The estimate of the area of each land use class at national level and its breakdown by administrative districts was performed on the basis of the photo-interpretation results. The estimation procedures refer to the methodology proposed by Fattorini et al. ([13]).

Let A be the extent of the national territory and A* be the extent of the area formed by the N squares covering the national territory. The national territory is subdivided into L administrative districts (19 Regions and 2 autonomous Provinces) whose surfaces are A1, …, AL. K land use classes (e.g., 10 classes at the third classification level - see Tab. 1) are identified and the parameters to be estimated are the surfaces of each land use class in each district, say alk (l = 1, ..., L; k = 1, …, K), besides the surfaces of each land use class at the national level, say ak (k = 1, …, K). Under the tessellation stratified sampling adopted by IUTI (eqn. 1):

\begin{equation} {{\hat{a}}_{lk}} = A^ \text{*}p_{lk} \end{equation}

(l = 1, ..., L; k = 1, …, K) turns out to be an unbiased estimator of alk, where (eqn. 2):

\begin{equation} p_{lk} =\frac {N_{lk}}{N} \end{equation}

(l = 1, ..., L; k = 1, …, K) and Nlk is the number of sample points belonging to the class k within the district l.

Furthermore, the quantities (eqn. 3):

\begin{equation} \hat{v}({\hat{a}}_{lk}) = A^{ \text{*}2} \frac{p_{lk} (1-p_{lk})}{N-1} \end{equation}

(l = 1, ..., L; k = 1, …, K) and (eqn. 4):

\begin{equation} \hat c(\hat{a_{lk}},\hat{a_{l^\prime k^\prime}}) = A^{*2} \frac{p_{lk},p_{l^\prime k^\prime}}{N-1} \end{equation}

(ll’ = 1, ..., L; kk’= 1, …, K) constitute suitable estimators of the variance of alk and covariance of alk, and al’k’ respectively ([13]).

Since the sample points are selected on the area A* that is wider than A, the sum of the resulting estimates, district by district, does not sum up exactly to the surface at national level. In order to obtain estimates whose summation provides exactly the area of the national territory, the following calibration has been carried out (eqn. 5):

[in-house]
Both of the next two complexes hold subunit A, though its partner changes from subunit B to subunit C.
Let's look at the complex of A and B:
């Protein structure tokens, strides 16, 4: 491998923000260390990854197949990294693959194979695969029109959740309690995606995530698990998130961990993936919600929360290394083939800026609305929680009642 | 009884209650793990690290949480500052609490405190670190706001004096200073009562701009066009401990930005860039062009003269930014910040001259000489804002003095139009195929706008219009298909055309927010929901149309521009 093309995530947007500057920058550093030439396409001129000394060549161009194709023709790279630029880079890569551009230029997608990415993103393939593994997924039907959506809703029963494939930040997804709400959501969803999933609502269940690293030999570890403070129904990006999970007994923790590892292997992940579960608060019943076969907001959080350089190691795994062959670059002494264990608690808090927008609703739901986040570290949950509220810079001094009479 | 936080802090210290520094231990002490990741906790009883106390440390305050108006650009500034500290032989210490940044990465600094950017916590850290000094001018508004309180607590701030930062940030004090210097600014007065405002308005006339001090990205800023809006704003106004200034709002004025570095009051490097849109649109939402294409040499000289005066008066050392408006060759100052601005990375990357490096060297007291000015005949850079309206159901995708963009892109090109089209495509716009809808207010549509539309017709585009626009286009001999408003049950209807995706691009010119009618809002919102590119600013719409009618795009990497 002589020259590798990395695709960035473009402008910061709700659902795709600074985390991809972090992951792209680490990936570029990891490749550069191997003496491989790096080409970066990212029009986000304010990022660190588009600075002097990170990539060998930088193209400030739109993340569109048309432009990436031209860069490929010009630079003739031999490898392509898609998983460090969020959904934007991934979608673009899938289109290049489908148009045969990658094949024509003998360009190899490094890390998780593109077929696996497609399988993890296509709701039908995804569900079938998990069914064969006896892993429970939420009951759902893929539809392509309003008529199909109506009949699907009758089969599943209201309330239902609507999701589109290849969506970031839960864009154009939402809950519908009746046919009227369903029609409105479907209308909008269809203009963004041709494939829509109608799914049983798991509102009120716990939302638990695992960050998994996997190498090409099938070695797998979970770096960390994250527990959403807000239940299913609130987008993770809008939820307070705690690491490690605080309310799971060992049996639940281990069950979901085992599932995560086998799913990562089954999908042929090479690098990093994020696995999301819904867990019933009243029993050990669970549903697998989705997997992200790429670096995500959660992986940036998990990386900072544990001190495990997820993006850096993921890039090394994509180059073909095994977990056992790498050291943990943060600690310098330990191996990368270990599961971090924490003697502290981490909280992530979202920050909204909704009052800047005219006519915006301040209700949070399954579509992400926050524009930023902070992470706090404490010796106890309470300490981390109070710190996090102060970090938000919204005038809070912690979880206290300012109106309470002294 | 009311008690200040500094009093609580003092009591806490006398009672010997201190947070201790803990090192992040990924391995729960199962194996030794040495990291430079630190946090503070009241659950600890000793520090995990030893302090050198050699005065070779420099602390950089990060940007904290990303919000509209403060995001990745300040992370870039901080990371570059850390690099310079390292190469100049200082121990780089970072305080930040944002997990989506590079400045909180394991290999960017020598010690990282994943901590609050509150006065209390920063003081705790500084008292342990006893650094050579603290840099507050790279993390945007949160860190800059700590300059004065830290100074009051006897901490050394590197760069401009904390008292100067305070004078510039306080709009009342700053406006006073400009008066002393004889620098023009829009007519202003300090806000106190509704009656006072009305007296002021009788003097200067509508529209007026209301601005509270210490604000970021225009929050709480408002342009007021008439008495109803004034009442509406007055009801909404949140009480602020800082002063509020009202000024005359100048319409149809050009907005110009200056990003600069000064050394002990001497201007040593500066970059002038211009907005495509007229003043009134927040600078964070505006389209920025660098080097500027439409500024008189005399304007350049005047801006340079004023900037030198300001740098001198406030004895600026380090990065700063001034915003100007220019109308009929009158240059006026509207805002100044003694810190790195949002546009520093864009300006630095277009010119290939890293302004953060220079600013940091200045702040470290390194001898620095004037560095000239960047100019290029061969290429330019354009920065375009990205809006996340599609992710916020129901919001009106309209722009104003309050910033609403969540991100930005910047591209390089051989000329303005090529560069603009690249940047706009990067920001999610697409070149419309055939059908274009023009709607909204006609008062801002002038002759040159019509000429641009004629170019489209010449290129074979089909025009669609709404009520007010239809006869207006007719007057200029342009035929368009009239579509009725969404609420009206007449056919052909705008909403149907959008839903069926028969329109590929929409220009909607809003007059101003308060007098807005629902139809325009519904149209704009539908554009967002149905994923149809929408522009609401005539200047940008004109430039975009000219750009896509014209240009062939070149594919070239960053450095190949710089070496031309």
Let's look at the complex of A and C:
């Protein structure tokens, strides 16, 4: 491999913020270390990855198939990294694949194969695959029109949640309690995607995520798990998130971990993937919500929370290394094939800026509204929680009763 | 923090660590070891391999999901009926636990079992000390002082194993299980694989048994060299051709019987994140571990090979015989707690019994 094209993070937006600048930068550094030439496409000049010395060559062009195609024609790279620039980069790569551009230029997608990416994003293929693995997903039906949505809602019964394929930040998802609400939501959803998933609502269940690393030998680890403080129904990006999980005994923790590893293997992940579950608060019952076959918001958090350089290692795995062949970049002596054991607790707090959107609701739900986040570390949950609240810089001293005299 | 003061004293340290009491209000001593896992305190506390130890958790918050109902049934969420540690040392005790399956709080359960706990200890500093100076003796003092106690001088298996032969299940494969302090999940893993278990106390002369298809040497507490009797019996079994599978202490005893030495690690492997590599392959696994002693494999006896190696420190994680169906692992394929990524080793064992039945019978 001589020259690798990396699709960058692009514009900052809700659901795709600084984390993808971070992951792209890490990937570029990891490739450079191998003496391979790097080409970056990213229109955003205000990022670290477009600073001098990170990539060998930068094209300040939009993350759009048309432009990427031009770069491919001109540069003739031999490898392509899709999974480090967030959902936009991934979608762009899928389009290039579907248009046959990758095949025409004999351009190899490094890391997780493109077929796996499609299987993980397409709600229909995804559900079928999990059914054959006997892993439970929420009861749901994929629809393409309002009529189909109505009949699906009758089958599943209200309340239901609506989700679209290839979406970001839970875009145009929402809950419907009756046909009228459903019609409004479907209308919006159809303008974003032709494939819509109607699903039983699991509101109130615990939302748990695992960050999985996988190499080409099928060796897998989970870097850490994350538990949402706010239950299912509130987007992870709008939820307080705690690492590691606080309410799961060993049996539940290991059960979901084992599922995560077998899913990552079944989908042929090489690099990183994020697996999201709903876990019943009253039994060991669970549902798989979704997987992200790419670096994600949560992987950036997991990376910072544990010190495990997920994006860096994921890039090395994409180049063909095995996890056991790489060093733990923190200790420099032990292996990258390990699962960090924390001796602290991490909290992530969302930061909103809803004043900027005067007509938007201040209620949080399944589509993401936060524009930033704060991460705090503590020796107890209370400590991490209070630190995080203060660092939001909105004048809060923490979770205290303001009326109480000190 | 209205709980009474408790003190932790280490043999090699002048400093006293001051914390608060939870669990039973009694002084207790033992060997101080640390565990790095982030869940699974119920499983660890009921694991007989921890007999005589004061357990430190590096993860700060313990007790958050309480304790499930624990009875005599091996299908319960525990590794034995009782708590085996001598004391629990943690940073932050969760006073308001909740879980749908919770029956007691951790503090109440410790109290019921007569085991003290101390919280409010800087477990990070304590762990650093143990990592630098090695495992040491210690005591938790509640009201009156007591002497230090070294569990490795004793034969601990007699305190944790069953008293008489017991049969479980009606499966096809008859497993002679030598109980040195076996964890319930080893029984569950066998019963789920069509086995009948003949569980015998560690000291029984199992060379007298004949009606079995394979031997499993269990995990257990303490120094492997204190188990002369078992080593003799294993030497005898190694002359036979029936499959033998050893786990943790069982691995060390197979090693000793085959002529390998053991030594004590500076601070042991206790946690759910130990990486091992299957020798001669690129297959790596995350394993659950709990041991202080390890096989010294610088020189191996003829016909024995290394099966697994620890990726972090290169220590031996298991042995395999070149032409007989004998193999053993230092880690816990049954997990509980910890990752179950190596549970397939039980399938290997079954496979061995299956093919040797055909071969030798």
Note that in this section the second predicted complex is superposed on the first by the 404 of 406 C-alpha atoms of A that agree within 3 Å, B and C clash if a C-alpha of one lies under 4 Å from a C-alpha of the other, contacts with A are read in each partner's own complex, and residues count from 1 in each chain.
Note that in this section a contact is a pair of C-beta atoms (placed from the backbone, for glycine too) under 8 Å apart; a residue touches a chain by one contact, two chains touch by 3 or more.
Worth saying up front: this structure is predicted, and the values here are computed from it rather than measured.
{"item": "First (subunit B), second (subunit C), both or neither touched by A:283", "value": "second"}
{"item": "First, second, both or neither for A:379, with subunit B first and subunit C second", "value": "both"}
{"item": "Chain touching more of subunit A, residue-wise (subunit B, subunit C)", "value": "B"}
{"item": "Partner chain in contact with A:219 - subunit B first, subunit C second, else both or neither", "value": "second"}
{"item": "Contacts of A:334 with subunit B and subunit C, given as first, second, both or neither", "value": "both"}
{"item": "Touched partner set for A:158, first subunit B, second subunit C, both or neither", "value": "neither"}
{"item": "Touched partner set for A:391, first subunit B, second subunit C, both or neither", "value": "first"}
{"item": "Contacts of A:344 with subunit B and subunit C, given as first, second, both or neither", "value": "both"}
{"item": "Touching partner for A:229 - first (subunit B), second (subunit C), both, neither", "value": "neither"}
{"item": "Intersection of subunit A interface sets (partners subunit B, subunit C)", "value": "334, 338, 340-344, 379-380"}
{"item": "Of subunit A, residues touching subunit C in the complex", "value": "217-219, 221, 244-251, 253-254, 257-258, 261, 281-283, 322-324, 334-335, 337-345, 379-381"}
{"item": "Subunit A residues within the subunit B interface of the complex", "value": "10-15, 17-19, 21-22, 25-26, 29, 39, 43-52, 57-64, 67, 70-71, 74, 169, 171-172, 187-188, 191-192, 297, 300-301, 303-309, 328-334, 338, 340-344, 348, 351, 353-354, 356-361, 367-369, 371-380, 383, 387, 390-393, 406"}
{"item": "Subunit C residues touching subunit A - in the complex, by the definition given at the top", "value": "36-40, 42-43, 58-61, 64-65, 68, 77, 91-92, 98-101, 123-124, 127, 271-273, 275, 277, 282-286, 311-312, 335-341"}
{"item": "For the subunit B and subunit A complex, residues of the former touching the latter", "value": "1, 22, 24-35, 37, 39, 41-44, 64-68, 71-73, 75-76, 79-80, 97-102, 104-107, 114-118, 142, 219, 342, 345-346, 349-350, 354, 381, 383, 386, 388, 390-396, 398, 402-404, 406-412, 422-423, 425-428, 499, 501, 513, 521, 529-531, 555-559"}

\begin{equation} \hat a_{lk}^{cal} = A_i\, p_{lk}^{cal} \end{equation}

(l = 1, ..., L; k = 1, …, K) where (eqn. 6):

\begin{equation} p_{lk}^{cal} = \frac{p_{lk}}{p_{l1} + \ldots +p_{lK}} \end{equation}

The calibrated estimators are approximately unbiased, with variances and covariances which can be estimated by (eqn. 7):

\begin{equation} \hat{v} ({\hat{a}}^{cal}_{lk}) = \sum_{i=1}^K {\sum_{j=1}^K {d_{lki}\,d_{lkj} \,{\hat{c}}( {\hat{a}}_{li},{\hat{a}}_{lj} )}} \end{equation}

(l = 1, ..., L; k = 1, …, K) and (eqn. 8):

\begin{equation} {\hat{c}}({\hat{a}}^{cal}_{lk},{\hat{a}}^{cal}_{l^\prime k^\prime}) = \sum_{i=1}^K {\sum_{j=1}^K {d_{lki}\; d_{l^\prime k^\prime j} \;{\hat{c}}( {\hat{a}}_{li},{\hat{a}}_{l^\prime j} )}} \end{equation}

where ll’ = 1, ..., L and/or kk’= 1, …, K, and (eqn. 9):

\begin{equation} \hat{c} ({\hat{a}}_{li},{\hat{a}}_{li}) = \hat{v} ({\hat{a}}_{li}) \end{equation}

and where (eqn. 10):

\begin{equation} d_{ lki }=\cases { 1-p^{ cal }_{ lk } & \text{when } i=k \\ -p^{ cal }_{ lk } & \text{when } i \neq k } \end{equation}

Finally, the calibrated estimates of the surfaces of the K land use classes over the national territory can be obtained by the sum (eqn. 11):

\begin{equation} { \hat {a}}^{cal}_{k} = \sum_{l=1}^L { { \hat {a}}^{cal}_{lk} } \end{equation}

where k = 1, …, K, with estimated variances (eqn. 12):

\begin{equation} {\hat{v}} \left ( { \hat {a}}^{cal}_k \right ) = \sum_{l=1}^{L} \sum _{ l^\prime=1 }^{L } {{\hat{c}} \left ({\hat{a}}^{cal}_{lk}, {\hat{a}}^{cal}_{l^\prime k} \right) } \end{equation}

(k = 1, …, K) where (eqn. 13):

\begin{equation} \hat {c} ({ \hat {a}}^{cal}_{lk},{ \hat {a}}^{cal}_{lk}) = \hat {v} ({ \hat {a}}^{cal}_{lk}) \end{equation}


The land use estimates derived from IUTI database provide a statistically sound information basis to quantify land use changes in Italy over the period 1990-2008. Main results at national level are here presented, with a focus on the forest category at district level (19 Regions and 2 autonomous Provinces).

The allocation of different land use classes shows some key changes between 1990 and 2008 (Tab. 2). In 1990 the categories accounting for more than 5% of total land surface fall all in the rural domain (forest, other wooded land and agricultural areas); in 2008 land uptake by urban areas accounts for more than 7% of the Italian territory, at the expenses of a significant depletion of rural land.

Tab. 2 - IUTI land use estimates for the years 1990 and 2008. (se%): percent standard error.

IUTI land use category / subcategory 1990 2008 Variation
(% of Italy
land area)
se% Area